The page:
Don’t: help the hitchhikers

There are quite a few easy steps you can take to be part of the solution, not the problem. If you have a boat, be sure to wash aquatic plant matter off the vessel before you bring it home, or to another body of water. If you fish and use live bait brought from elsewhere, don’t dump leftover bait in the water; take it with you and dispose of it where it can’t live on and compete with natives. After all, the Chesapeake Bay is the largest estuary in the United States, so if we water recreators commit to these simple steps, we can make a huge impact!

Volunteers with the Maryland Department of Natural Resources remove water chestnut floating among American lotus plants in the Sassafras River on the border between Cecil County and Kent County, Md., on July 14, 2010. Water chestnut floats freely on the water’s surface, but is attached to the bottom by long, thin roots. (Photo by Alicia Pimental/Chesapeake Bay Program)

Terrestrial explorers can take similar precautions when going from one natural area to another. To keep hitchhiking plants and insects to a minimum, always clean your shoes, clothes, bicycles, recreational vehicles, and pets’ paws before you move to a different location. If the trail you choose doesn’t have a boot brush installed at the trailhead (many do), you can always keep a handheld brush in your car and use it before and after hiking. When you’re camping, be sure to always buy locally sourced firewood, so as not to spread invasive tree insects and fungi.

Do: avoid exotic “pets”

If you don’t buy non-native aquarium pets — like goldfish, turtles, reptiles, etc. — you won’t be faced with the conundrum of what to do with them when they grow too big or otherwise overstay their welcome. Even something as seemingly harmless as a goldfish (an Asian species) or a non-native turtle can, and does, upset the natural balance when introduced to a new ecosystem.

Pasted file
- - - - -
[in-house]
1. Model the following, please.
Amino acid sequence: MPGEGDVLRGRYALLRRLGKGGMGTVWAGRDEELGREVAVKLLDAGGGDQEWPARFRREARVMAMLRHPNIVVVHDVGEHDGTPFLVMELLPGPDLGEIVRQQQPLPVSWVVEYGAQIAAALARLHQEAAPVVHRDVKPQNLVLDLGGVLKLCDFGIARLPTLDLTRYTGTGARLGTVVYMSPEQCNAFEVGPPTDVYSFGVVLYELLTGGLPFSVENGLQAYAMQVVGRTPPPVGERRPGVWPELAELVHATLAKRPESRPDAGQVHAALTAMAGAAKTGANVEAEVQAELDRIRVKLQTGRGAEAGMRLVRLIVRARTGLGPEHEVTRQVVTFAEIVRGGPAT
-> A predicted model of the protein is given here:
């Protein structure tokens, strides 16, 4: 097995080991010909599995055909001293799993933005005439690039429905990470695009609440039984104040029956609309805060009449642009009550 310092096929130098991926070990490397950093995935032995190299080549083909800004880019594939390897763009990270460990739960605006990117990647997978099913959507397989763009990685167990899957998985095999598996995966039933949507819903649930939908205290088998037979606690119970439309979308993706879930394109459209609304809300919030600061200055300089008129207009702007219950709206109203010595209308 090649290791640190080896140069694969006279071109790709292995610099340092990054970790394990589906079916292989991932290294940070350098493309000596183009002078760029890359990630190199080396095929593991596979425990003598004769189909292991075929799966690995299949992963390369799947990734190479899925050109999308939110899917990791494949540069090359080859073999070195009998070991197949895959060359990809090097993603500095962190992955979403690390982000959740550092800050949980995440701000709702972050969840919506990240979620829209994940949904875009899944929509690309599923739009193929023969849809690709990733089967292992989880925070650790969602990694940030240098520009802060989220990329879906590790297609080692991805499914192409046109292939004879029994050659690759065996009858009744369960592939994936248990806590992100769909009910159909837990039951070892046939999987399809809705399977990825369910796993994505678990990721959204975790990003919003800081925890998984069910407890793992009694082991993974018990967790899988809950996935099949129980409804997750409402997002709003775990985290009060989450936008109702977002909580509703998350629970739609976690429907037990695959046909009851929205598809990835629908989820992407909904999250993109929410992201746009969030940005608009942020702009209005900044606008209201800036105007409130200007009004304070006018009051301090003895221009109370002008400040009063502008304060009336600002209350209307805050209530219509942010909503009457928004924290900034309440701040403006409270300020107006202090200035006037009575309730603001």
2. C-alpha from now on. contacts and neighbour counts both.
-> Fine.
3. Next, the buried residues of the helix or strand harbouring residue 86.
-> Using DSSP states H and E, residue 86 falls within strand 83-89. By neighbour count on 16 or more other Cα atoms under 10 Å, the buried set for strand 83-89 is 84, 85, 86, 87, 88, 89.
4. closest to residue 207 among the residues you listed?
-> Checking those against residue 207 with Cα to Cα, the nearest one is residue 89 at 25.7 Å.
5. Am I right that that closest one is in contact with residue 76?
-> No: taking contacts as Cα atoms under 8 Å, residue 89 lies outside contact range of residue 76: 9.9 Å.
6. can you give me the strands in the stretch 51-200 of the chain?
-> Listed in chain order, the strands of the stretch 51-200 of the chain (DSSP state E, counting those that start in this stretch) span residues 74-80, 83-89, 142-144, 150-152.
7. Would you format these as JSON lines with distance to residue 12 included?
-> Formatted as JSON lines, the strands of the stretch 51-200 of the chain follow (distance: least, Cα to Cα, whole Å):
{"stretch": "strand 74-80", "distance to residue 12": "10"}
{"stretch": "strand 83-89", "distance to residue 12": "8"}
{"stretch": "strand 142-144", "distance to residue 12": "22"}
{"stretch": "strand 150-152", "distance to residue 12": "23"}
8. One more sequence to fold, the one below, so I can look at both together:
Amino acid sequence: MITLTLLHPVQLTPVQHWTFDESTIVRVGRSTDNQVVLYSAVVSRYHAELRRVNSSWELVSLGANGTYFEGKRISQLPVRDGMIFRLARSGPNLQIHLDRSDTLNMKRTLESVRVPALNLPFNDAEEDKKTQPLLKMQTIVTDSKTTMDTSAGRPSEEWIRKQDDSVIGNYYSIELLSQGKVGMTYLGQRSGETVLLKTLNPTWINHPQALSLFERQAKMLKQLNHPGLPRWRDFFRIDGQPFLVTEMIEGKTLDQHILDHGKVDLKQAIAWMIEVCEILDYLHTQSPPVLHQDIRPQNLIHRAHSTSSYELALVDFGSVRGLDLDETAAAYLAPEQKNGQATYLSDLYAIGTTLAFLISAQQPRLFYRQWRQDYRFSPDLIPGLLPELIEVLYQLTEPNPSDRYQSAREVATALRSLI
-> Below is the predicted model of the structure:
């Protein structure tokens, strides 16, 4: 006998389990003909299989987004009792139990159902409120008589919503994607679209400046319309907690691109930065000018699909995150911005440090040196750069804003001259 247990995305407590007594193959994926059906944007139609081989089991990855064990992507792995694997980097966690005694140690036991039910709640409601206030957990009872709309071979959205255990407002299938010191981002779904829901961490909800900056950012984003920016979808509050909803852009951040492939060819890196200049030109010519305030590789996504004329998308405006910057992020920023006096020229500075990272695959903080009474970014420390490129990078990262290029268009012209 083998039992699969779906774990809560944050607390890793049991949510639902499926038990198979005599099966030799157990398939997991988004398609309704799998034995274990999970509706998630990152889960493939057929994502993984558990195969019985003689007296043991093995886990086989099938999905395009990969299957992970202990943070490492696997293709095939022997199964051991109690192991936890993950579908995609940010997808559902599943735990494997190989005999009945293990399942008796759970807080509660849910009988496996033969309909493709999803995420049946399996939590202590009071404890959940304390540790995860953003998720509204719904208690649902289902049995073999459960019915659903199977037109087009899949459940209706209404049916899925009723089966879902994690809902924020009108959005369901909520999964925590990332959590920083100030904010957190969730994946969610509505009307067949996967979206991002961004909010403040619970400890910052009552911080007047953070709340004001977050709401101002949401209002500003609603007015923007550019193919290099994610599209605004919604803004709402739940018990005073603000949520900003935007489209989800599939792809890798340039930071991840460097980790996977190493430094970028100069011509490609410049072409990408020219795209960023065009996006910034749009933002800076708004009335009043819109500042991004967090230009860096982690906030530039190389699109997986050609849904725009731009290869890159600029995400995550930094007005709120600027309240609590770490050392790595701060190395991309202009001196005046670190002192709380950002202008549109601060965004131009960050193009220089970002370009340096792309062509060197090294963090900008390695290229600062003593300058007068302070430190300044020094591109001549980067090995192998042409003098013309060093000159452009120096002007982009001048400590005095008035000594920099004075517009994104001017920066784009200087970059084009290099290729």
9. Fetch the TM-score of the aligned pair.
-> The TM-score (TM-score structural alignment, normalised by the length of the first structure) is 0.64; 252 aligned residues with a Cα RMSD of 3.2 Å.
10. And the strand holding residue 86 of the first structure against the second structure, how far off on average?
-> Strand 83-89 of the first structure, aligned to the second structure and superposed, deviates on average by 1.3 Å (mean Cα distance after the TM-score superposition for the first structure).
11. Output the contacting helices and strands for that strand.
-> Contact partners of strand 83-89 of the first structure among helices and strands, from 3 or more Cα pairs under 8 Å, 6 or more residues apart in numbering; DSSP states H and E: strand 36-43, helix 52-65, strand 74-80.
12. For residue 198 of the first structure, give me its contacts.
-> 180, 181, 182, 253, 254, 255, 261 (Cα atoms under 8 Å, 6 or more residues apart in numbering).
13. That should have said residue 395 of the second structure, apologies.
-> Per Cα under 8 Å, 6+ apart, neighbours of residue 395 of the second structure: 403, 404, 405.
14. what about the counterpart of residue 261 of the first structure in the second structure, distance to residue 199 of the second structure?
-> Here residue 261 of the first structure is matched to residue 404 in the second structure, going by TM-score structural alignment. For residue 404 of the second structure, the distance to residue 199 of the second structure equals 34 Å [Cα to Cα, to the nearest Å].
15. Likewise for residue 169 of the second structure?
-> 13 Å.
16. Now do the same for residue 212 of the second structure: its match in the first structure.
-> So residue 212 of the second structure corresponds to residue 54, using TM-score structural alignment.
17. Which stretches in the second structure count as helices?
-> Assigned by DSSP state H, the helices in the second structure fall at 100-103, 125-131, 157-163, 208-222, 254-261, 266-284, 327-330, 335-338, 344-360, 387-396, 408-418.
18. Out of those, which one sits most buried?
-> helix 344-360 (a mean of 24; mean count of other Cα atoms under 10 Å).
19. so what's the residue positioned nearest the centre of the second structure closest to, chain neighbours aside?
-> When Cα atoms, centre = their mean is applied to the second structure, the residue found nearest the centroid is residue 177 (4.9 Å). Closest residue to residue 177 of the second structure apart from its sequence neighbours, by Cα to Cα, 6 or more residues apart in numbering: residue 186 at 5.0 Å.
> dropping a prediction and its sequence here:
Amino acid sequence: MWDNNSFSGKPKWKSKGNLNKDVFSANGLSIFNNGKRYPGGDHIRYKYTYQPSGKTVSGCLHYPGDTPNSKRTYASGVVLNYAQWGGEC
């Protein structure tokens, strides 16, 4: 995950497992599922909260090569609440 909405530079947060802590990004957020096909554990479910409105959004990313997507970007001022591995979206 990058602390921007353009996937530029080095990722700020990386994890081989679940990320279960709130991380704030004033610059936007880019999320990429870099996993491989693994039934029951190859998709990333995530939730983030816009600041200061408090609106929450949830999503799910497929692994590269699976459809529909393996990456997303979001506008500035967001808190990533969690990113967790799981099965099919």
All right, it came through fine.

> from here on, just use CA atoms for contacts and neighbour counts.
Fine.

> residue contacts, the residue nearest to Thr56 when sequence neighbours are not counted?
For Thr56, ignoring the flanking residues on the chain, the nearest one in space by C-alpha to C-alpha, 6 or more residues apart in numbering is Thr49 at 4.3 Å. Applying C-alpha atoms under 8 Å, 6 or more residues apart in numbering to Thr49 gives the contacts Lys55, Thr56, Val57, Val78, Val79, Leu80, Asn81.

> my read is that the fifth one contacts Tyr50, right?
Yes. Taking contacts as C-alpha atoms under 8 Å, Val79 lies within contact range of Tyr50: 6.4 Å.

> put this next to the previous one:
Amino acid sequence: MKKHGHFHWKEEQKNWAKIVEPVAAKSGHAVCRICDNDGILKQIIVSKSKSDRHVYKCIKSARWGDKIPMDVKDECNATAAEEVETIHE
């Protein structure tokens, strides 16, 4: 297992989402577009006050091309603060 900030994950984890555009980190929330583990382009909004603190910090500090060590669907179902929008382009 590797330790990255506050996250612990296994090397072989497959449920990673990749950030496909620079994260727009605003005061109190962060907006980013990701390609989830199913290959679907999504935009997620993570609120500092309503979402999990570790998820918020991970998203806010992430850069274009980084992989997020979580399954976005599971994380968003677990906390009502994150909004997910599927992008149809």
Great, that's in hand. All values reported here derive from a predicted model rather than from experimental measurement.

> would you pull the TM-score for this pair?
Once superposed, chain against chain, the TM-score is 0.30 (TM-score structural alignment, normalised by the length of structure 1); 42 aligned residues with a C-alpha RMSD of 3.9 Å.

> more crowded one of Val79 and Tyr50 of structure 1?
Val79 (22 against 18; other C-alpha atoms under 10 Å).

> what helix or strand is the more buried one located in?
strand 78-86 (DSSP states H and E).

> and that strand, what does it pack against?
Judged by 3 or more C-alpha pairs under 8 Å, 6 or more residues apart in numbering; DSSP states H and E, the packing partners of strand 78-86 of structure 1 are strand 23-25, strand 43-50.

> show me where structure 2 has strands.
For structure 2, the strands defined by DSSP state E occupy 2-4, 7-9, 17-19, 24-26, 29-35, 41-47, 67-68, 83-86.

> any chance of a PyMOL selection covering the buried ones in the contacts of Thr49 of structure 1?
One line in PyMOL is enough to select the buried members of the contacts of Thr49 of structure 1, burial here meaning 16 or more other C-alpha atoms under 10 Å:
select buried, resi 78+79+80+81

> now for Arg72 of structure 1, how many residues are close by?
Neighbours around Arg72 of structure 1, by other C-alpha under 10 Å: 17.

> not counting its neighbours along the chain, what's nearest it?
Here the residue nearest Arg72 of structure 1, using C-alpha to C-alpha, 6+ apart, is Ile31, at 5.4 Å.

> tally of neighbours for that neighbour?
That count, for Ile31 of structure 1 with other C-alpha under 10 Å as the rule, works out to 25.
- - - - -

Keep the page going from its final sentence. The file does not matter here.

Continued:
Don’t: think you can’t make a difference

Now that you have identification skills, don’t ignore invasive species when you see them. If you see an invasive at one of your favorite recreation spots, it’s an easy call to your parks department or other organization managing that land. Better yet, you can join a network of volunteers who help in the mapping of invasive species — one example being iMapInvasives, operating in the northern parts of the Bay watershed. Look into what mapping applications are active in your area to help volunteers, scientists, and decision makers plot the best path to move forward regarding invasives.

There are plenty of volunteer opportunities to help organizations near you manage or remove a problematic species, or, most satisfying, to help with the restoration of a site after invaders have been vanquished. Look into invasive species volunteer events near you. If you’re more interested in managing your own space, do your research, do your maintenance, and consult a native plant resource like the Alliance’s Native Plant Center to choose some beautiful, effective native plants to help keep your environment more resilient and sustainable.